Happy June! Grab a hot drink and settle in for some musings on:
- fidelity in media, ft. Broadchurch and Tim Minchin
- what I have in common with Thomas Clarkson
- a quote about apocalypse
- the problem with dwelling in a land which needs heroes (ft. Thomas Moore)
- a picture of my latest hobby
- the love letter in 2 Corinthians
- an update of what I’ve been reading/watching!
The increasing popularity of fidelity
So… my sister and I finished Broadchurch Season 3 the other day, which is essentially a respectful exploration into the ways an act of rape can ruin lives and tear apart community. It’s a story of hope and trust, of working through trauma and setting out on the long road to recovery.
It’s also a rather damning treatise on porn and infidelity and casual sex. Again and again, viewers are confronted with the reality that consent isn’t everything. It’s a necessary beginning, but just because both parties agree, doesn’t mean the action won’t have huge social, emotional and spiritual ramifications.
As David Tennant’s character tells a man who has just admitted to infidelity (“you’d have done the same, if you’d had the chance”):
“I don’t subscribe to your version of the world, but I worry about sending my daughter out into it.”
This theme pops up again in Tim Minchin’s new release “I’ll take lonely tonight”– which is about remaining faithful, even though:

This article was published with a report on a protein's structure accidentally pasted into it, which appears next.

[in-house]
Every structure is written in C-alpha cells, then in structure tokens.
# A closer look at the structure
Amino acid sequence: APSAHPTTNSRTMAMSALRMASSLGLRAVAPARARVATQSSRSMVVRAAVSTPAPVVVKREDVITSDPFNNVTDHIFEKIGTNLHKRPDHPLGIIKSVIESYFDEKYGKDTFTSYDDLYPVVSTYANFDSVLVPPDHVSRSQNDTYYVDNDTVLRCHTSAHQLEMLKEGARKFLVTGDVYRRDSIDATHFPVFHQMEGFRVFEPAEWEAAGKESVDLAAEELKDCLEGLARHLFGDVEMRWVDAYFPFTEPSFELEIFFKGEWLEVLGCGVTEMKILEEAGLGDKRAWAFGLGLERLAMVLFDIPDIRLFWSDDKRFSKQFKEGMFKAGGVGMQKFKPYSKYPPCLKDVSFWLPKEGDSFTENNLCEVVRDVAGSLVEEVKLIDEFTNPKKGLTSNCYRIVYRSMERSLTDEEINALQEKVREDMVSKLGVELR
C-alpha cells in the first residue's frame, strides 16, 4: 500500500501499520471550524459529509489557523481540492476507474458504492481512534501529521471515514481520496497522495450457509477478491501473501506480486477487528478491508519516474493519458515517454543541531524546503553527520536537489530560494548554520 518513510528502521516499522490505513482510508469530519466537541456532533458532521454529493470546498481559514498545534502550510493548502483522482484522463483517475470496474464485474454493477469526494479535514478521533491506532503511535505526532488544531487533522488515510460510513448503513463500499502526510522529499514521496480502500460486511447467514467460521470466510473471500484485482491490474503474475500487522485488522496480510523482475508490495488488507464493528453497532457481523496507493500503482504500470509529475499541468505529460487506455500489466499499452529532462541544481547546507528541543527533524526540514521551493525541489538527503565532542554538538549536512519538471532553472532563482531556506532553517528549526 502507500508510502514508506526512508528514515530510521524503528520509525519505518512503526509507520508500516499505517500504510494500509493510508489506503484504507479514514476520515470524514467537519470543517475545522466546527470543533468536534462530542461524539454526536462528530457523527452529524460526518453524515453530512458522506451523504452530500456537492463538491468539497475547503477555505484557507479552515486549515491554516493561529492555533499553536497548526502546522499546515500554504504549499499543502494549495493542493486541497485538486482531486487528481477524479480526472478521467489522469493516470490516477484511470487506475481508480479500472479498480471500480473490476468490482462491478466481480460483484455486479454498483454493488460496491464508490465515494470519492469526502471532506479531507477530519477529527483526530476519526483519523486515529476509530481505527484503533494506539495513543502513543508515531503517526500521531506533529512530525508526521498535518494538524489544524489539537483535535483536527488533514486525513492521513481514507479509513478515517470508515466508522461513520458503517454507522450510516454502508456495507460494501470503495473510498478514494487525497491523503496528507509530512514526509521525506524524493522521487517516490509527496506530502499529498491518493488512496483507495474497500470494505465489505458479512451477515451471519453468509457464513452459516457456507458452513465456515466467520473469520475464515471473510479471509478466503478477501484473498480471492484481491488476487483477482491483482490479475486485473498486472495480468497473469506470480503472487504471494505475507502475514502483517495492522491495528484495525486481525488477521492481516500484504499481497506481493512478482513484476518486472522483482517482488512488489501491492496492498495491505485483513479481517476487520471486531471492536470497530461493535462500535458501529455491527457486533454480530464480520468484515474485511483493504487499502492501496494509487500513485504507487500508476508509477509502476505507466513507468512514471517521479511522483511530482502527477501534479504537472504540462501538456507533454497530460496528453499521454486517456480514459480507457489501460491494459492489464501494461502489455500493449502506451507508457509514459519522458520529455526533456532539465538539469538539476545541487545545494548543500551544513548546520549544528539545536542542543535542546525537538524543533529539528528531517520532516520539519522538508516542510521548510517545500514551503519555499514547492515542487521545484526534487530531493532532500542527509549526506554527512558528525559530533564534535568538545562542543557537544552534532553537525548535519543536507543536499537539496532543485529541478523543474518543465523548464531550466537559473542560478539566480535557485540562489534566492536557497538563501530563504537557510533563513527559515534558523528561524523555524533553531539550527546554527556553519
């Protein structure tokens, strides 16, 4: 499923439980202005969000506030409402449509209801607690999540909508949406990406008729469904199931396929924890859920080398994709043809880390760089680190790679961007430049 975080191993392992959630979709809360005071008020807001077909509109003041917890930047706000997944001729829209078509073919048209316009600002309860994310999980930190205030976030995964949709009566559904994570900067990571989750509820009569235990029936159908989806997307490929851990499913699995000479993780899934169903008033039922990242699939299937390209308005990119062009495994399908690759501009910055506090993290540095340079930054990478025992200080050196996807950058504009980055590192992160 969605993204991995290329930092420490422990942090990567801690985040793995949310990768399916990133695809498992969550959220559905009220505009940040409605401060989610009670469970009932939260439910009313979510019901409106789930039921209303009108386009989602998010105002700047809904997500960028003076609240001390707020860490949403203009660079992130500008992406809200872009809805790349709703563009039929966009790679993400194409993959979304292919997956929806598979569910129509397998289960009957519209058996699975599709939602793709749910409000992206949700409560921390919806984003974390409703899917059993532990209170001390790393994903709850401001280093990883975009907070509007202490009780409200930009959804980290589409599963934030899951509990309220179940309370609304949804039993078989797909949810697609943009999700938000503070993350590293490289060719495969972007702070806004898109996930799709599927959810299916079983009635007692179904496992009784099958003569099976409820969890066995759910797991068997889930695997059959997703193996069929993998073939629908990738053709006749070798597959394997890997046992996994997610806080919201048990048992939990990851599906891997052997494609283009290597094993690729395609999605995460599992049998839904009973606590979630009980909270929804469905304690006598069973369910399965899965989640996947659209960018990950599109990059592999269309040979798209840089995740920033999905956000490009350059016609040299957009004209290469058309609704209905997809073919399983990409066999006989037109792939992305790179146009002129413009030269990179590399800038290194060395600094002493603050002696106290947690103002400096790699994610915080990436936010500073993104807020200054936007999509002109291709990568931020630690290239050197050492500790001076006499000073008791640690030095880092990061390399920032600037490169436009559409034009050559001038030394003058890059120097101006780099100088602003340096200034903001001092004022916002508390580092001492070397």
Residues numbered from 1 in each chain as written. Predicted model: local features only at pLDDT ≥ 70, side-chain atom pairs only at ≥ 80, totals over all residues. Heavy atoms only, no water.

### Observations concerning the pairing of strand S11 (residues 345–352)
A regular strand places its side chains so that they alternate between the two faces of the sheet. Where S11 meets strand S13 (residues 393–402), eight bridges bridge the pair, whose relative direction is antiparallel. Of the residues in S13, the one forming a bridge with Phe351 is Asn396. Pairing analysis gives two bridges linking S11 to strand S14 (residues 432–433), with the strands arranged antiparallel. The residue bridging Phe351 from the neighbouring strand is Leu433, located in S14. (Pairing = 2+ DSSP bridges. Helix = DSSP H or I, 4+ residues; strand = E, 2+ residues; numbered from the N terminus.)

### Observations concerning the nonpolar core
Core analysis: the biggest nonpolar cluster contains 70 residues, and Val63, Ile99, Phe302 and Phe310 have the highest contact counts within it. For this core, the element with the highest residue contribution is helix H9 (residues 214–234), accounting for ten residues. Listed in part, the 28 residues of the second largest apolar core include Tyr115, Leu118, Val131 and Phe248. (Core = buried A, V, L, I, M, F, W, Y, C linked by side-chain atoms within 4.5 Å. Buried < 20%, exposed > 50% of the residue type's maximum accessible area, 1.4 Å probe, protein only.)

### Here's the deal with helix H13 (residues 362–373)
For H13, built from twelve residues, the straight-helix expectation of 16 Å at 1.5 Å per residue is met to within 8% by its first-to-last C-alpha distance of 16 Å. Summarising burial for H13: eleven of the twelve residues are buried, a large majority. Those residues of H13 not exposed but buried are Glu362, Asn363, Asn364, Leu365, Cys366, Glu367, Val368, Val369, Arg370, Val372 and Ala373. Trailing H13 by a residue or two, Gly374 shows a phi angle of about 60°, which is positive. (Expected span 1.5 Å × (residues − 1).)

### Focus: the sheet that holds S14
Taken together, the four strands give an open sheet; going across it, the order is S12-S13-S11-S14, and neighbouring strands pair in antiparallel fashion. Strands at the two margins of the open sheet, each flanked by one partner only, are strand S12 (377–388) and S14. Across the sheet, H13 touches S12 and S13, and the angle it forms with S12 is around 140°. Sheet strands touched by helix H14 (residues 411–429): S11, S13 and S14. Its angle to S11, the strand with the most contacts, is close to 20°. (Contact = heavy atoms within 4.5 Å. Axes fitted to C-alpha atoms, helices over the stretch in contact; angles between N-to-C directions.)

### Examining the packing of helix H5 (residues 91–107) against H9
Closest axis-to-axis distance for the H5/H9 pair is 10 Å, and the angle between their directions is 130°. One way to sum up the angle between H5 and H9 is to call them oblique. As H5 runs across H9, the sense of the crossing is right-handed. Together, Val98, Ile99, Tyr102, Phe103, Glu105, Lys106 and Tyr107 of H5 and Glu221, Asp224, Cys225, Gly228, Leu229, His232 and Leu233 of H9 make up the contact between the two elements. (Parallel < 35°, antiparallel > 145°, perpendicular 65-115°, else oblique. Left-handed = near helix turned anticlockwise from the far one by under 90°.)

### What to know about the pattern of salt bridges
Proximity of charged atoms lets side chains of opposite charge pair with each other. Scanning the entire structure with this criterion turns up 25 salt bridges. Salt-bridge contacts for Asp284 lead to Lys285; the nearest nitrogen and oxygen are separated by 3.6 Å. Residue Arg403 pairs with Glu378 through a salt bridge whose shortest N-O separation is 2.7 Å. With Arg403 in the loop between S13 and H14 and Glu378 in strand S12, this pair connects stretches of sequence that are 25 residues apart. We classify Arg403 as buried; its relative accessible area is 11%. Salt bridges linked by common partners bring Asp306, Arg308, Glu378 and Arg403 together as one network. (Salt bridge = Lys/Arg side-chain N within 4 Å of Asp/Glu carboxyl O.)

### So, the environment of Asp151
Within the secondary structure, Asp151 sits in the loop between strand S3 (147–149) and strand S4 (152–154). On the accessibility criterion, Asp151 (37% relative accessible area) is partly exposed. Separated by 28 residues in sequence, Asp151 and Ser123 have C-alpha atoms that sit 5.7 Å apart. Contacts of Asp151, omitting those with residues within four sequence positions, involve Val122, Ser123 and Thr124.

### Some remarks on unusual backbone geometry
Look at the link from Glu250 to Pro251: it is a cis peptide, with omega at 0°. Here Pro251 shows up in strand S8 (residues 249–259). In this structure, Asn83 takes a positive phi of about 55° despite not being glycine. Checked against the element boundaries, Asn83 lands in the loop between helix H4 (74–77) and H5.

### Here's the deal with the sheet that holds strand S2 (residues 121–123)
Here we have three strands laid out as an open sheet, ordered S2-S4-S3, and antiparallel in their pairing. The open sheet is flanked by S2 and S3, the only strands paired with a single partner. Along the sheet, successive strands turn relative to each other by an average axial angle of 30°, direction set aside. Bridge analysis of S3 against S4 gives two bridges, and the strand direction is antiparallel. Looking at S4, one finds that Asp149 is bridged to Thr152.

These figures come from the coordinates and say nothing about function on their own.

“I’m not denying
I hate being alone…
[at least I’ll wake]
Soaked in relief to find I am alone
With only the wrappers of Pringles and Snickers
For which to atone”
It’s a fascinating refrain, this emphasis on fidelity in a world which so often boasts that right and wrong are outdated inconveniences. Apparently it’s not so simple as asking* “Do you want tea?”
[*= although if you haven’t seen the famous ‘tea consent’ video, it’s worth watching. Follow the link above.]
An update on Thomas Clarkson
You might remember that in my last post I mentioned I was deep in research into the abolitionist Thomas Clarkson. Since then I’ve continued on my merry way down the path of Out-of-Print books and 18th century documents.
I’ve come to the realisation that perhaps (one reason) I love spending hours with Clarkson is because we have rather similar personalities! As one biographer described him: passionate, sensitive, stubborn, impatient and sometimes too blunt. While it’s always a bit uncomfortable to see your own faults scrawled in ink before your eyes, it’s certainly edifying!
I’ve really enjoyed writing the draft of the first three chapters, and hope there’ll be many more (or at least seven more) to come.
I’ve been enjoying The Contemplative Pastor by Eugene Peterson in the mornings. It’s exactly what it sounds like – the reflections of a pastor on, well, pastoring, life and poetry. Peterson’s book is the sort of thing you read and chew over. One quote in particular stood out to me considering the state of the world at the moment (a state which has, honestly, always been the state of the world but is definitely much more in our faces at the moment!).
“A Man for All Seasons”
It’s a circuitous route which led me to watching an amateur production of Thomas Bolt’s famous play on YouTube.
As a teenager I laughed through Roan Atkinson’s Johnny English, and of course the theme song, ‘A man of all seasons’ (“he’s charismaaaatic, with an automaaaatic!”) After googling the song I discovered the phrase “a man for all seasons” was originally used in reference to Thomas Moore, and is now the title of a play based on his life (and death).